By now, the majority of the population are already aware of the dos and don'ts to prevent COVID-19 infections. Perhaps the most notable ones are frequent hand washing and social distancing. However, another habit that experts want people to stop is touching their faces. In fact, this might be difficult since individuals do so instinctively without even consciously thinking about it. Thus, NASA is proposing an innovative solution called the Pulse, which can supposedly notify users the moment they attempt to touch their face.
Although the wearable device is still in its early stages, it is evident that the engineers wanted to make it as inconspicuous as possible. Instead of using a wrist-based configuration, the wearable is in the form of a pendant, which can be attached to most types of necklaces. NASA purportedly does not have plans to sell these, but will make the blueprint available for anyone who wants to build it.
The government agency said, "We hope individuals or companies will replicate, refine or enhance PULSE and make it easily available for distribution." To make it even more accessible for those who want it, the project will require a 3D printer, a small motor, wiring, and other materials. NASA issues a reminder that its open-source concept is not intended to replace personal protective equipment such as face shields and masks.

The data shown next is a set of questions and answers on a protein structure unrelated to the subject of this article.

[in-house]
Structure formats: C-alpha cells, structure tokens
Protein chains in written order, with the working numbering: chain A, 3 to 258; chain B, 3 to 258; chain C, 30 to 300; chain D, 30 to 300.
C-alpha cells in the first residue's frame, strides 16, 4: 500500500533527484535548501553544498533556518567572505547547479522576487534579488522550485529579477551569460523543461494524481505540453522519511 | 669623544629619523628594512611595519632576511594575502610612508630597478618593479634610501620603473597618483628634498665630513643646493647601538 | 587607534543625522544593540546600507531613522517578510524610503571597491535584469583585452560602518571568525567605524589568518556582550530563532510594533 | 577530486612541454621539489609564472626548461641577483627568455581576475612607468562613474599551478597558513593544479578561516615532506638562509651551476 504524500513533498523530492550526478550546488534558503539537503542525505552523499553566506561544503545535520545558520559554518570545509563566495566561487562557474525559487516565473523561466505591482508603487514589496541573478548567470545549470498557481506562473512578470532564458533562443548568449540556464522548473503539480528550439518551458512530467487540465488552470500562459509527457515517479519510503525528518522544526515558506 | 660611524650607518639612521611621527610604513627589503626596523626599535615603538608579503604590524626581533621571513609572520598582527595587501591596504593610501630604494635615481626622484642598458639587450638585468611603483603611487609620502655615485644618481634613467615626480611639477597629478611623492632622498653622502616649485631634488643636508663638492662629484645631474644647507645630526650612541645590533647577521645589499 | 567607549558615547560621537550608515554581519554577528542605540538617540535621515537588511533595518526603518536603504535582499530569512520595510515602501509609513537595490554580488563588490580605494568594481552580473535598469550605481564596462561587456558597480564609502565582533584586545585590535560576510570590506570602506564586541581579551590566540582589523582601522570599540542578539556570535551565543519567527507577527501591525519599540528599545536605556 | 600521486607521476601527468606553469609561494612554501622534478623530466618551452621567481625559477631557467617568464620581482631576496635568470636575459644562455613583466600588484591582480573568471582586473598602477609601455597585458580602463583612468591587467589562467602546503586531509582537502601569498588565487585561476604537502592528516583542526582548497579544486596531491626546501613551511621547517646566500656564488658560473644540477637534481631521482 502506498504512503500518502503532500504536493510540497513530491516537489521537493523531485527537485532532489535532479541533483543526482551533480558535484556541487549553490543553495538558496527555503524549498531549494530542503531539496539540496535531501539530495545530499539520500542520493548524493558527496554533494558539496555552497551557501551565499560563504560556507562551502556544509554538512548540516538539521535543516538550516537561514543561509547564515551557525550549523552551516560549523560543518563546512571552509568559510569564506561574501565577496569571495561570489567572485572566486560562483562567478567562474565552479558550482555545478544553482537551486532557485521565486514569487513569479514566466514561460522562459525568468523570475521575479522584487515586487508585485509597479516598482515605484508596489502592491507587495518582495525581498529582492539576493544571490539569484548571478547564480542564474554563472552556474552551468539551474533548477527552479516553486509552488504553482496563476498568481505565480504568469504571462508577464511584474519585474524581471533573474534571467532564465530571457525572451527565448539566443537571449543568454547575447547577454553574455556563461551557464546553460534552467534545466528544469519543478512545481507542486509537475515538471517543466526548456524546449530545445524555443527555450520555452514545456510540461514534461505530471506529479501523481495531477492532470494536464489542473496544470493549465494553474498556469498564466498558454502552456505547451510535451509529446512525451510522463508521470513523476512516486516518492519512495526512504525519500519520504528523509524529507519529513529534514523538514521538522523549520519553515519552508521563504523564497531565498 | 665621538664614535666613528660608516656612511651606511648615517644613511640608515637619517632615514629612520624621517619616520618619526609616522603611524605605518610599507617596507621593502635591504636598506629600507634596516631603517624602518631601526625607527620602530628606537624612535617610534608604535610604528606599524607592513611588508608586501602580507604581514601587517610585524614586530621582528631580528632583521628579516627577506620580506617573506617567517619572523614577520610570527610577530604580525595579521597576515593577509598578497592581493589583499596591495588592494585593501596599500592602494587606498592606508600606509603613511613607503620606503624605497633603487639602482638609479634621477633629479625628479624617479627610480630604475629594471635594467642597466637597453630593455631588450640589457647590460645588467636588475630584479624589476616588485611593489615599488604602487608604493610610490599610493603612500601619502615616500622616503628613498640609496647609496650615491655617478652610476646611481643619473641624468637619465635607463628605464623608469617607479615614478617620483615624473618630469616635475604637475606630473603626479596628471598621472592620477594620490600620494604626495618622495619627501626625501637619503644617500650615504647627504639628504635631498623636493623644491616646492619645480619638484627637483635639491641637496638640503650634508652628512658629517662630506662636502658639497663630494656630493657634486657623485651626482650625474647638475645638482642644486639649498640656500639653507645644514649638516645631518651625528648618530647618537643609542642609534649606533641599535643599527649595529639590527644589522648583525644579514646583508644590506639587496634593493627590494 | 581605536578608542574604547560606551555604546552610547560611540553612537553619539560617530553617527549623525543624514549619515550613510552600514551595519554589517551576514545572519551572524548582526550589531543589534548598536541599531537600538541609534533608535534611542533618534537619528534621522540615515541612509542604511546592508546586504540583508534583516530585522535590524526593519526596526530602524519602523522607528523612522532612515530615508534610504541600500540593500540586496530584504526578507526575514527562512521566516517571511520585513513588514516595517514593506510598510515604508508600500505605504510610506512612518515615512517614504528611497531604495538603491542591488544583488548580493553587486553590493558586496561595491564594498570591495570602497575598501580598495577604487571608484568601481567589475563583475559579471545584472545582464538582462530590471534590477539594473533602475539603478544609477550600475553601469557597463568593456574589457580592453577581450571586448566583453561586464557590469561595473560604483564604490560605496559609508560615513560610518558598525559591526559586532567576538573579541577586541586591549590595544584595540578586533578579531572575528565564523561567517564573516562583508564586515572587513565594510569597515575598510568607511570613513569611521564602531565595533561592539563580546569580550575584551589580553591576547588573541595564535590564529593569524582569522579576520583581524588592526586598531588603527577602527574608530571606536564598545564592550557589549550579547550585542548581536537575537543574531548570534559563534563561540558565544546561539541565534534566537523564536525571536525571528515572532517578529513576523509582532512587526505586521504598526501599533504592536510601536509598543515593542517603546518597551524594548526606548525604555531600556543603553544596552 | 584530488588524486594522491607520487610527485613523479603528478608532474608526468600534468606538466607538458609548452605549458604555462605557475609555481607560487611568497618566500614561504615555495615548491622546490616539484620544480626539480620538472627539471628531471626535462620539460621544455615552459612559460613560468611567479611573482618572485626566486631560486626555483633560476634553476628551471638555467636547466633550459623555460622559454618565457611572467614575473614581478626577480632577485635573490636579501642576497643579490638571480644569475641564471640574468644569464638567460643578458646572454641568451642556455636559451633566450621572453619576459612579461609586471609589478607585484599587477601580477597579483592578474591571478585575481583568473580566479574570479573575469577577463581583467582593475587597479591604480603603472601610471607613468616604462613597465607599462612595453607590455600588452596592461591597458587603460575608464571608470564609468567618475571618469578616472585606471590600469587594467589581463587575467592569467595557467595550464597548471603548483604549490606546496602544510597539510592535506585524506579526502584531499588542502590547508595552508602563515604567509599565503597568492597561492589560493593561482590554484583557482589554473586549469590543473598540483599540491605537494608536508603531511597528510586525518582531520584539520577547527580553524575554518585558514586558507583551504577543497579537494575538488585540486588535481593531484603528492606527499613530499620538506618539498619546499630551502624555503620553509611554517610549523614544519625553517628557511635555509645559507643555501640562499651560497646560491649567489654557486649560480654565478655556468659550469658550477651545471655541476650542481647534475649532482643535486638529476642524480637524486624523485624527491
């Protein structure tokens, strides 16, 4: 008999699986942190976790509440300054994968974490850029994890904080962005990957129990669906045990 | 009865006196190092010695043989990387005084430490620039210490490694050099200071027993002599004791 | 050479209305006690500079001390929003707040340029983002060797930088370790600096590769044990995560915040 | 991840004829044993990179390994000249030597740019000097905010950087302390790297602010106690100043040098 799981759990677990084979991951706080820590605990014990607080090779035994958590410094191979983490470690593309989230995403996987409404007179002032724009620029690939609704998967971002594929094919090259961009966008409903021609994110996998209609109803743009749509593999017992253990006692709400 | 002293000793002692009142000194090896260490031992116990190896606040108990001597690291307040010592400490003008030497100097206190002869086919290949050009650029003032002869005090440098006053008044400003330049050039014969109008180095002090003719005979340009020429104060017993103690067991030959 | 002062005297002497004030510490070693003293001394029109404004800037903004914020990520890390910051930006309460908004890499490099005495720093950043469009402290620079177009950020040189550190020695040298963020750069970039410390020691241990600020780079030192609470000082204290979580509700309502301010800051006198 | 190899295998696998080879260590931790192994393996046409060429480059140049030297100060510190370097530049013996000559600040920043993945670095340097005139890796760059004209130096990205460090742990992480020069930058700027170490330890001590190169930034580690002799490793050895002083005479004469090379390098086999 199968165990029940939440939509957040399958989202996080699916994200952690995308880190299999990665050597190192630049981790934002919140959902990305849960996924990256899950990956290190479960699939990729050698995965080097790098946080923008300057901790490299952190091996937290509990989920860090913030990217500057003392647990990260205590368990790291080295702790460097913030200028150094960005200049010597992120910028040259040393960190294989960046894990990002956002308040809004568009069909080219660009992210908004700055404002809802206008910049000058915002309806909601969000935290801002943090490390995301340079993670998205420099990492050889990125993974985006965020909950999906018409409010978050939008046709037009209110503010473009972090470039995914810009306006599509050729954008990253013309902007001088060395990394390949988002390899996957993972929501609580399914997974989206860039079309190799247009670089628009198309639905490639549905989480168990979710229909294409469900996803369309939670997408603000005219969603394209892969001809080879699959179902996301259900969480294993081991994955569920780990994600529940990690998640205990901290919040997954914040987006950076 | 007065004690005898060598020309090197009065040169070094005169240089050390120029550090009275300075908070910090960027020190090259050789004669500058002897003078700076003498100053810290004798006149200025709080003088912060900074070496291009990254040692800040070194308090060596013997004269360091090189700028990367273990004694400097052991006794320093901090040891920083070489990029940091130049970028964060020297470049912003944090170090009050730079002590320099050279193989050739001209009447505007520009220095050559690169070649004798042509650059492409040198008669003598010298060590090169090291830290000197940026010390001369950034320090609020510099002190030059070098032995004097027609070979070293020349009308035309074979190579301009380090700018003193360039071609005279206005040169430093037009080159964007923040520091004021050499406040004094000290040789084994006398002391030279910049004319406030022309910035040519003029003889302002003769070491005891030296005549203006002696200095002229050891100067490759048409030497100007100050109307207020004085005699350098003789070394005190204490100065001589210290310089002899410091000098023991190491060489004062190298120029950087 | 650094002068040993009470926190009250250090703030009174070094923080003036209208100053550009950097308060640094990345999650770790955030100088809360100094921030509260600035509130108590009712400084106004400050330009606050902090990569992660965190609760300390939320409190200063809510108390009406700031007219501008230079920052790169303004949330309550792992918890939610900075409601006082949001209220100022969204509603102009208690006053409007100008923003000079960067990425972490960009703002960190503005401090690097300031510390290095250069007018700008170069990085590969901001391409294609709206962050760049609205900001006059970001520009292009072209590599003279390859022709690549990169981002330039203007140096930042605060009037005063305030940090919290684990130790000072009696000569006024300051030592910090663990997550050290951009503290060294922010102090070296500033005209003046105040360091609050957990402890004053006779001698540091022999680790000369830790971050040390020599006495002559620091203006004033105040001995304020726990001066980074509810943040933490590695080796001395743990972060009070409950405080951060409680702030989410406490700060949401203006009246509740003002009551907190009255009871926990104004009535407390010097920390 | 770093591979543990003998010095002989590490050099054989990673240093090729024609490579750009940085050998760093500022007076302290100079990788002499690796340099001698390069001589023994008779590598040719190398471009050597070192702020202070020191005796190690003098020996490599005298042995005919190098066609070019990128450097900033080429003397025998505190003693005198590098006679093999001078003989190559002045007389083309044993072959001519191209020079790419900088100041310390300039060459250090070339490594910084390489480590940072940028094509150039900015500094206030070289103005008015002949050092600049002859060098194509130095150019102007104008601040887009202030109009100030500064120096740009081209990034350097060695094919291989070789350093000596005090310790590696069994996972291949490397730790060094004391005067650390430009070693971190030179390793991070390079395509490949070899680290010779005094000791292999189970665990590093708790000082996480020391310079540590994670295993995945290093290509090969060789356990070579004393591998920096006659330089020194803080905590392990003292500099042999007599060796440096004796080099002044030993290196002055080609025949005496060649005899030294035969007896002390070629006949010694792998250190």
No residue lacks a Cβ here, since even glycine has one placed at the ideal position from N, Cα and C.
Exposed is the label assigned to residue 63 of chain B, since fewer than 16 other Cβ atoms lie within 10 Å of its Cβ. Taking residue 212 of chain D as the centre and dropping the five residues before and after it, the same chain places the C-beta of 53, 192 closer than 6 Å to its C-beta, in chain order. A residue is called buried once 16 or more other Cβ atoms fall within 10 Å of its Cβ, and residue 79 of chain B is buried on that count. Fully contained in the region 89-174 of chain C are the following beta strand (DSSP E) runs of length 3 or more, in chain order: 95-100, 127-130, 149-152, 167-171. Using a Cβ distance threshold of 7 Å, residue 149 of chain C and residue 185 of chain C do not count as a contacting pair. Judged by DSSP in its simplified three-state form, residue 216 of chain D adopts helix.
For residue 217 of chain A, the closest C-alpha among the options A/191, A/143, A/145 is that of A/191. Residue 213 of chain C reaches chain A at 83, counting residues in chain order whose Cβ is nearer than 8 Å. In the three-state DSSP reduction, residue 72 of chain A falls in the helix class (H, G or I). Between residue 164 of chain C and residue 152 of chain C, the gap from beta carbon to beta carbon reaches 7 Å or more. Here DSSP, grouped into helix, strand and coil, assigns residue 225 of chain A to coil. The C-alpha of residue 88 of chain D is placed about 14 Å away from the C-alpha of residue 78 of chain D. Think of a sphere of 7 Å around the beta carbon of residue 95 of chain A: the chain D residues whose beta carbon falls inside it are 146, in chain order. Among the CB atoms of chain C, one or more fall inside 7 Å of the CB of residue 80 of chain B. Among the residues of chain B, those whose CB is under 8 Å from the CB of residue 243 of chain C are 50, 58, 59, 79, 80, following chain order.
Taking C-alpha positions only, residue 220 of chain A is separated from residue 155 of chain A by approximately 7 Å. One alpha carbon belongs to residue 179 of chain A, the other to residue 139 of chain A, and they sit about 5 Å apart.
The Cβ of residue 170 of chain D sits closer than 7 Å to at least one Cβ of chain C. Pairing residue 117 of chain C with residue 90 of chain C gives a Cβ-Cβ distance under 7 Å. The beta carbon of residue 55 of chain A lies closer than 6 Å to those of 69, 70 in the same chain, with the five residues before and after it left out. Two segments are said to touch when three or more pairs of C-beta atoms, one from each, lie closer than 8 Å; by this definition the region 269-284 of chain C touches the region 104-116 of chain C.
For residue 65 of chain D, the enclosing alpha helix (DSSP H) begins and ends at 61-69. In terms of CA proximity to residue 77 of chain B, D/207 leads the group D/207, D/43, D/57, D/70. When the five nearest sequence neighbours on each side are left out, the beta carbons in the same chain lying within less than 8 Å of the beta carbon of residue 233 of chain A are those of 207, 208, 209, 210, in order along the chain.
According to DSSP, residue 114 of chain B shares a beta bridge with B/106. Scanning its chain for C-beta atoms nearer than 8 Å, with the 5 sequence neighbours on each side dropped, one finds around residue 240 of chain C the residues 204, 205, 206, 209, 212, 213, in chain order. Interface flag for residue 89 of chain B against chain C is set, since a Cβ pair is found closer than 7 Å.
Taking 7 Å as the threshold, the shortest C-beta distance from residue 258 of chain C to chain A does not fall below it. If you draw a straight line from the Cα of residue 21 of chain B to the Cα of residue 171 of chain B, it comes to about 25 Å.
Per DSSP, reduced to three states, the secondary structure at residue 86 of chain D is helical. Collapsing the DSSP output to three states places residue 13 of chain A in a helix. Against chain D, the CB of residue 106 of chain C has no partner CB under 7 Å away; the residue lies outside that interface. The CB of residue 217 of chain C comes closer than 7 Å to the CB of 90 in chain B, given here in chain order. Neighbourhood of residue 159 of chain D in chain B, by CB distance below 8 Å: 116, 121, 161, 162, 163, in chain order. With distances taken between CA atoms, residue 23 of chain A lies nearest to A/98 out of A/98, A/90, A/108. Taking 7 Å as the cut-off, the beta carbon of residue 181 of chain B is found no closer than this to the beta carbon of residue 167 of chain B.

Instead, it will function as a warning system to change the user's habits. "The haptic feedback from a vibration motor simulates a nudge, reminding the wearer to avoid touching these entryways in order to reduce potential infection," explains NASA.
The folks from NASA's Jet Propulsion Laboratory (JPL) wanted to create a low-cost platform that could detect motion and alert the user discretely. Given that the 2019 novel coronavirus can infect a person via respiratory droplets that enter through the nostrils or mouth, a person's hand can deliver it exactly where it wants to go.
The Pulse uses a 3D printed case that houses a coin vibration motor, a slide switch, a 3V coin-cell battery, and an infrared proximity sensor. The latter is responsible for detecting movement in order to trigger the programmed action.